We have also been observing how the real estate sector represents 25% of M&A transactions, in many cases due to the progressive reactivation of tourism in Spain. This trend could continue given the positive data from the holiday season and the development of major urban planning projects in several Spanish cities.
On the other hand, during these first few months of the year, there has been considerable activity in the TMT sector, where we have seen new company valuations policies (as uncertainty about the future seems to be much greater than in 2021 and investment is sought in companies which are clearly on the road to profitability).
Finally, we believe that there may be interesting transactions in sectors of significant importance for the Spanish economy (i.e., agribusiness), in which there are a multitude of differently sized companies, as well as growing sectors in which there are increasingly more build-ups (i.e., healthcare), and in sectors in constant evolution and consolidation (i.e., financial sector).
TTR: Could there be any structural change in the M&A market in the face of recession fears? What are the trends?
It is worth highlighting the new Law 16/2022, of 5 September, on the reform of the consolidated text of the Bankruptcy Law (Ley 16/2022, de 5 de septiembre, de reforma del texto refundido de la Ley Concursal), which introduces new features in the pre-insolvency regime (specifically, measures to facilitate debt restructuring at an earlier stage when the debtor company is deemed “likely to become insolvent”), in the sale of productive units by the debtor company (the so-called “preparatory procedure” (procedimiento preparatorio), as well as in the regulation of debt refinancing transactions backed by the Spanish Official Credit Institute (Instituto de Crédito Oficial), among others.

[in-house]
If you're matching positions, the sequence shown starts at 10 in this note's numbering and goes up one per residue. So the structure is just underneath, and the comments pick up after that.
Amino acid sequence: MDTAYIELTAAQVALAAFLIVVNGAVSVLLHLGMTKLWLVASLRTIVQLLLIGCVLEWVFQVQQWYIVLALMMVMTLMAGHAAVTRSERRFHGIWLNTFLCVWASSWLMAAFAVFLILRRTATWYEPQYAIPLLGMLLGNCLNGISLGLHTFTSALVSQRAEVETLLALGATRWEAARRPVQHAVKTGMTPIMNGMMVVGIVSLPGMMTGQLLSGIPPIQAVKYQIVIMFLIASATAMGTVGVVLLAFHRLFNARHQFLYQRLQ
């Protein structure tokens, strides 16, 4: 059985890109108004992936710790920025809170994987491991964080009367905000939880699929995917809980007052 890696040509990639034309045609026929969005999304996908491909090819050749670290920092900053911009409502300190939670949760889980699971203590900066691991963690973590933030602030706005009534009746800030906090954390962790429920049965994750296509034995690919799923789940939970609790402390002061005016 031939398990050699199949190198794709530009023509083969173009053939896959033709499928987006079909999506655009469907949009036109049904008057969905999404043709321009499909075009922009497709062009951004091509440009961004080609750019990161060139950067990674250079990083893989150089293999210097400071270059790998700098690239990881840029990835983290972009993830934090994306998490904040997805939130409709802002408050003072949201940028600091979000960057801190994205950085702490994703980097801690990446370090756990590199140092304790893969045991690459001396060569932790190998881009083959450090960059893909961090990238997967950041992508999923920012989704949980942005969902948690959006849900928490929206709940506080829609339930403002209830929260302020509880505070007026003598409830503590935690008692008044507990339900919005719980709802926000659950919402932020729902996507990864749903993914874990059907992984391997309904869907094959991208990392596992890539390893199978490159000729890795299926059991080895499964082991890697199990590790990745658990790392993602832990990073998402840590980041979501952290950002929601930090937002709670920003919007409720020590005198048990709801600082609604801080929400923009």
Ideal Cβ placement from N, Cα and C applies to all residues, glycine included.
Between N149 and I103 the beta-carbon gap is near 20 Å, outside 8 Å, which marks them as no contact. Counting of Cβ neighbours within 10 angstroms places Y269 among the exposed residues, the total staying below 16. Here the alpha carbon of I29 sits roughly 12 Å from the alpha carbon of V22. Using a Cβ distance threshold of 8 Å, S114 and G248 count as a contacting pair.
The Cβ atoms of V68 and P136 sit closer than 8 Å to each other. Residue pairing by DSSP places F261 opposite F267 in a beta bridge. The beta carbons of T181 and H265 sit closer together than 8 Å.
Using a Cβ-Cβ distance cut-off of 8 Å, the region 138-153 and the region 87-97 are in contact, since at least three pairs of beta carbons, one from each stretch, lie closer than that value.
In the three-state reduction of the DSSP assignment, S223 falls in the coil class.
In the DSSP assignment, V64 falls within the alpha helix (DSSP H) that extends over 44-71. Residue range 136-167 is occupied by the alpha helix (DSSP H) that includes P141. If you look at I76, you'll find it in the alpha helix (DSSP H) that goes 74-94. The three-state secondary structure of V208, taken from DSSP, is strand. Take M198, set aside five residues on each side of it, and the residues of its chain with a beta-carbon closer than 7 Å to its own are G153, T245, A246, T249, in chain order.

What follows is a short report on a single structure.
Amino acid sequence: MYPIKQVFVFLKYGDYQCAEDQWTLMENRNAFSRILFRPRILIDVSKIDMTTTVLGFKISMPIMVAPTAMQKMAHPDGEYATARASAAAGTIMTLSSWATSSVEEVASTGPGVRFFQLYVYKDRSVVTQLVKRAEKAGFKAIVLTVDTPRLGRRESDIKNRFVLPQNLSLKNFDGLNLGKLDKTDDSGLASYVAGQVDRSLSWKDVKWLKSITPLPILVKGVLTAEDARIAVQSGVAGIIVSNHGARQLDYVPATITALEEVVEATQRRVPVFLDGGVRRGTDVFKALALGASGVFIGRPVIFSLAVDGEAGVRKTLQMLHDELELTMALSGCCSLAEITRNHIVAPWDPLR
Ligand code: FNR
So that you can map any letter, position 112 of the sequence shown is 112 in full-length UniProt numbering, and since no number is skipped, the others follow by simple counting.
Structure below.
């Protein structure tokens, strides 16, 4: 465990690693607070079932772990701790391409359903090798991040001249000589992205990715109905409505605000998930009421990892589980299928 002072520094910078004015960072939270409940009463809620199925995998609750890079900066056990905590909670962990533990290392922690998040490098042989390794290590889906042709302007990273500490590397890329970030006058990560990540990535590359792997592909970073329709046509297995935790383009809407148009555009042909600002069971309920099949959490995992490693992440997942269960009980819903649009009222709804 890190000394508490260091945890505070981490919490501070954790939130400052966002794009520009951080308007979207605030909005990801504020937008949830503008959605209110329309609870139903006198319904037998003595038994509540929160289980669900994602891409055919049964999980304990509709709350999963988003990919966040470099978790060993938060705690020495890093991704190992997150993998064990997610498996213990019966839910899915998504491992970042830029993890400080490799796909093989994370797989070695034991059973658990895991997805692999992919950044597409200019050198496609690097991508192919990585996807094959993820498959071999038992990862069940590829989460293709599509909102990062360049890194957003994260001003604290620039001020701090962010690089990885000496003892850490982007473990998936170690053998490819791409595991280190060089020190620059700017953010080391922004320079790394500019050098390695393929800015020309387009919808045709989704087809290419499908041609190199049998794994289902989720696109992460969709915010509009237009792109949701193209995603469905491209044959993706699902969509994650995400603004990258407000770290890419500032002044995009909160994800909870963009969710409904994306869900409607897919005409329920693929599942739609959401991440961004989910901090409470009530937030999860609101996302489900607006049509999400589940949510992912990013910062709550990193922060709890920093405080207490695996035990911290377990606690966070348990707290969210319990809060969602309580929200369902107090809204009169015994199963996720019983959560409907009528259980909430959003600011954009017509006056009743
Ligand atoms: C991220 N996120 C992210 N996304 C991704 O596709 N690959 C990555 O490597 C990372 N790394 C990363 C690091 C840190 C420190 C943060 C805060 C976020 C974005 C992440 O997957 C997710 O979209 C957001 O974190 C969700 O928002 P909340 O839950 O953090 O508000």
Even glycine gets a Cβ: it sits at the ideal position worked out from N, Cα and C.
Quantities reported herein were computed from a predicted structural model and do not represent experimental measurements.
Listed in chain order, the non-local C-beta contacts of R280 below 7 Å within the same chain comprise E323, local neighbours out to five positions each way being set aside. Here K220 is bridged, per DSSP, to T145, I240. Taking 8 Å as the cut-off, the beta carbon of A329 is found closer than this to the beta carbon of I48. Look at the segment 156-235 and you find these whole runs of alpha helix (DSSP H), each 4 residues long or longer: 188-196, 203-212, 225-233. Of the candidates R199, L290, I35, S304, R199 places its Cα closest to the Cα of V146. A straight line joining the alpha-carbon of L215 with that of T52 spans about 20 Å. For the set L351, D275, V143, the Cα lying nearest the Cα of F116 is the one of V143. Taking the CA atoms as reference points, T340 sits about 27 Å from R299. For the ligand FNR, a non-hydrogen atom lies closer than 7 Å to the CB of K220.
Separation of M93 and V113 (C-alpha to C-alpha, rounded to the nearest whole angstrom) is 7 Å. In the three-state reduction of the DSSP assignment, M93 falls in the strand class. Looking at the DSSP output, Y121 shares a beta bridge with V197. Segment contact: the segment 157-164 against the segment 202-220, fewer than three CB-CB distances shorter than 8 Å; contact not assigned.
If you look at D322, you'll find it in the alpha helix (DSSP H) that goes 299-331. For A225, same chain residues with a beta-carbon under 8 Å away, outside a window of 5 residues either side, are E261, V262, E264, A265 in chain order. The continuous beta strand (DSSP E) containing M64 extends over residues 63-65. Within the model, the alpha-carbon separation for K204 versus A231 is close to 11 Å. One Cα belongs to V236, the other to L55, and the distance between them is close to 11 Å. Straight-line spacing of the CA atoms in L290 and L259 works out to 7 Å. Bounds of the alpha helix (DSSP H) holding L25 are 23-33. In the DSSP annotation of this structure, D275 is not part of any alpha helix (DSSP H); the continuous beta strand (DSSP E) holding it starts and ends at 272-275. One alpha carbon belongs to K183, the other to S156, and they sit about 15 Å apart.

In particular, the new regulation on the sale of productive units of the debtor company in the pre-insolvency phase could open the door to numerous M&A transactions, even prior to filing for bankruptcy proceedings, since the debtor company deemed “likely to become insolvent” may request the judge to appoint an independent expert responsible for seeking offers for the acquisition of productive units aimed towards avoiding the deterioration of the activity and maximising recovery for creditors.
This new regulation has not been without its critics. Caution is needed and, as with any new regulation, we will not be able to evaluate its real impact in the M&A market until its practical application.
TTR: Cases & Lacambra is one of the leading legal firm in the M&A market. What will the main challenges for Cases & Lacambra be in terms of M&A deals in Spain in the next months?
Continue working for our clients with the highest level of agility, flexibility and excellence, taking advantage of our positioning in the transactional market as a medium-sized full-practice firm. Furthermore, we intend to stay close to our clients, continuing a permanent dialogue which allows us to jointly understand and analyse their main challenges and concerns, providing them with ideas, solutions and sector expertise, and to collaborate with them in achieving or overcoming such challenges and concerns, as the case may be.